Thursday, March 27, 2008

Egypt Keeper Feels the Heat

Sometimes winning trophies is not enough.

Ask Fabio Capello all about that. He's won the Spanish championship twice with Real Madrid and been fired right after the celebrations both times ...

This time, it's Egyptian goalkeeper Essam Al Hadari who is feeling the heat.

Al Hadari was instrumental in helping Egypt win their second consecutive African Cup of Nations title this past February.

So even though Egypt lost to two-time World Cup winners Argentina 2-0 in Cairo yesterday, why was Al Hadari being booed so vociferously?

Well, his fall from grace probably began right after he tried to join Swiss club FC Sion in late February without the consent of his current club, Al Ahly, the most successful team in Egypt.

Al Hadari, 35, had sought to terminate his contract in line with Article 17 of FIFA's transfer regulations which allows players to cancel their contracts after a "protected period".

Al Hadari had hoped that, because of his extended service at Ahly, he would be allowed to end his contract and move to Sion for a compensatory payment of 270,000 euros, the equivalent of the rest of his contract with the Cairo club.

After being unveiled as a new signing by Sion and agreeing a deal until 2011, Al Hadari returned to Egypt at the start of the month when it became clear he could not make the move because he had not given Al Ahly the required notice period.

Confusing, no? Basically, he tried to leave and Al Ahly said no.

The move has sparked an unprecedented wave of anger from club supporters and a rare, though unsuccessful, intervention by Egyptian President Hosni Mubarak to ease the tension.

During the match against Argentina, large sections of the crowd at Cairo stadium booed Al Hadari every time he touched the ball.

And when his ill positioning allowed Argentine defender Nicolas Burdisso to score the second goal, many grabbed the opportunity to gloat.

"I whistled every time he touched the ball and will do this at every game for the national team as long as he is still playing," 31-year-old Al Ahly supporter Sherif Abdel-Rahman told Reuters.

"He (Al Hadari) has erected a wall between himself and the Al Ahly fans, and this wall will never be brought down," said Egyptian FA Vice President Ahmed Shoubeir.

Many supporters still call for the goalkeeper to be expelled from the club and others said he should never be allowed to play for Egypt again.

Egyptian media have given what they described as the "Al Hadari crisis" front-page treatment next to stories about nationwide bread shortages.

The situation could become unbearable for Mr. Al Hadari, if it isn't already so ...

African Squads in Midweek Friendlies

Much of the world played World Cup qualifying last night.

Others played friendlies in preparation for the 2010 World Cup.

Africa was no exception as the continent prepares itself for the much-anticipated 2008 Beijing Olympics and the 2010 World Cup in South Africa.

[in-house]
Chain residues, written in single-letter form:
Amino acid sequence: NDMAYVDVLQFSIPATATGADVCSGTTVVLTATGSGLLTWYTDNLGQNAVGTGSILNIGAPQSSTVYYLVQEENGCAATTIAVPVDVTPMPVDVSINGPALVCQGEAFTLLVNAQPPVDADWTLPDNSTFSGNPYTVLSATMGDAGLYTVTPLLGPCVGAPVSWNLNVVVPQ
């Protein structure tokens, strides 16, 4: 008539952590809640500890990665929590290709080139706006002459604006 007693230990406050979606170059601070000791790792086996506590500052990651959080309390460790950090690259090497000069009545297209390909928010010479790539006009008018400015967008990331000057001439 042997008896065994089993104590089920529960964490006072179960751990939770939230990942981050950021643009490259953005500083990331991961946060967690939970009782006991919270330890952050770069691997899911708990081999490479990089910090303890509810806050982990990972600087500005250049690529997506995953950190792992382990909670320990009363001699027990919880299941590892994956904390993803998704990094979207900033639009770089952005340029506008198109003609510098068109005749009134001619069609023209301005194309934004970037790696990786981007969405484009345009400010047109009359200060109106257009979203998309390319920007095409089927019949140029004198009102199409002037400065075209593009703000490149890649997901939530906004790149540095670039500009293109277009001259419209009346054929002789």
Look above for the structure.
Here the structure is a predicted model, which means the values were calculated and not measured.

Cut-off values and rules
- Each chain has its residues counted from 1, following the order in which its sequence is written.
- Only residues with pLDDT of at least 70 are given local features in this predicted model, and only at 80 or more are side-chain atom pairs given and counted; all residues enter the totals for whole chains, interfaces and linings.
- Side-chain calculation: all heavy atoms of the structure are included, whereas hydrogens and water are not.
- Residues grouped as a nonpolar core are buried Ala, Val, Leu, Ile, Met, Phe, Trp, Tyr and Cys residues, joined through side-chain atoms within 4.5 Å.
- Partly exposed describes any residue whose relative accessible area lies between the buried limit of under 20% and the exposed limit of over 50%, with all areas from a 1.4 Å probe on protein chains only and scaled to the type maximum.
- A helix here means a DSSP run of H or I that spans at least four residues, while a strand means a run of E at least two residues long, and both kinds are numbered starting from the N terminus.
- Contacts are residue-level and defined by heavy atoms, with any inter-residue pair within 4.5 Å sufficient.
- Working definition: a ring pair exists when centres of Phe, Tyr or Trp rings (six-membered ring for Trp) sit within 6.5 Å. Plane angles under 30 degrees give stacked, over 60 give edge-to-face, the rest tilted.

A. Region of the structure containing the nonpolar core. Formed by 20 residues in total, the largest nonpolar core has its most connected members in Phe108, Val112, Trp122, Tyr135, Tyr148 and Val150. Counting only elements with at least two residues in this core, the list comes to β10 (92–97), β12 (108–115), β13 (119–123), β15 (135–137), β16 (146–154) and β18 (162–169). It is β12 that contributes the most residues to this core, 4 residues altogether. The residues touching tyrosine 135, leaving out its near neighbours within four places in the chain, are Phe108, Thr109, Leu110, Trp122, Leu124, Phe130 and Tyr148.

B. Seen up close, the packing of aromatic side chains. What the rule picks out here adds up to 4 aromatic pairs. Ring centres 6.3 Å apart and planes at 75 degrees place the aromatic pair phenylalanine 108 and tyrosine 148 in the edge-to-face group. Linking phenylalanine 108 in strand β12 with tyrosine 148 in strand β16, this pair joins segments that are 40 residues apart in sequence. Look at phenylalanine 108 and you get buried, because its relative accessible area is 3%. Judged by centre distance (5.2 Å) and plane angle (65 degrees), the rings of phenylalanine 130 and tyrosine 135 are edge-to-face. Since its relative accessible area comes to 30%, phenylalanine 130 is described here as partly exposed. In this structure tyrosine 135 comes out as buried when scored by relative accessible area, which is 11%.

First up, African champions Egypt were beaten 2-0 by the world's top ranked side, Argentina.

A full strength Egypt side, including controversial keeper Essam El Hadary, conceded two goals in the last 20 minutes to go down to the South American giants.

But in Pretoria, the upcoming World Cup hosts, South Africa, secured a deserved 3-0 victory over their own South American opposition, Paraguay.

In the process, striker Benni McCarthy became his country's top international goalscorer.

In other matches, Ghana lost to Mexico 2-1.

Ghana took the lead in this game, held at Fulham's Craven Cottage ground in London, but they were not able to hold on to it.

After a goalless first half, Michael Essien gave the Black Stars the lead with a driving shot from outside the area, which went in off the post.

But Mexico equalised in simple fashion, when Ghana's substitute goalkeeper, Patrick Antwi, slipped as he prepared to deal with a back pass.

Carlos Salcido punished his mistake.

Four minutes from time, Ghana captain John Mensah hauled down Adolfo Bautista in the box and Mexico's Pavel Pardo stepped up to convert the penalty and give his side the win.

Also, Morocco bounced back from their dreadful Cup of Nations campaign with a 4-1 win over Belgium.

It was a first win for stand-in coach Fathi Jamal, who took over after the departure of Henri Michel.

"After our dramatic exit in the Africa Cup, this really feels great. It has been a long time since we played like this," Morocco playmaker Mbark Boussoufa said.

Tunisia met Ivory Coast in France, and came away with a 2-0 win.

Goals from Tijani Belaid and Radhouane Felhi gave Roger Lemerre's side victory, although the coach is soon to leave his post.

Liberia scored a surprise 2-0 win over Sudan in Khartoum, in their first game under new coach Antoine Hey.

The first result of the day was a 1-1 draw between Uganda and Libya in Kampala.

Caesar Okhuti put the Cranes ahead in the 48th minute, with the equalizer coming in the 90th minute from Younes Shidani.

DR Congo and Algeria were in France for another match taking place near Paris.

Dieumerci Mbokani put the Simbas ahead in the 35th minute, but a late penalty converted by Kamel Ghiles meant the game ended 1-1.

Tanzania's game against Mozambique was canceled due to heavy rains at the old national stadium in Dar es Salaam.

Mozambique turned down a proposal to have the match played on Thursday.

Elsewhere, Zimbabwe beat Botswana 1-0 in Gaborone, with the goal scored by Cuthbert Malajila.

Tuesday, March 25, 2008

2010 World Cup Qualifying Continues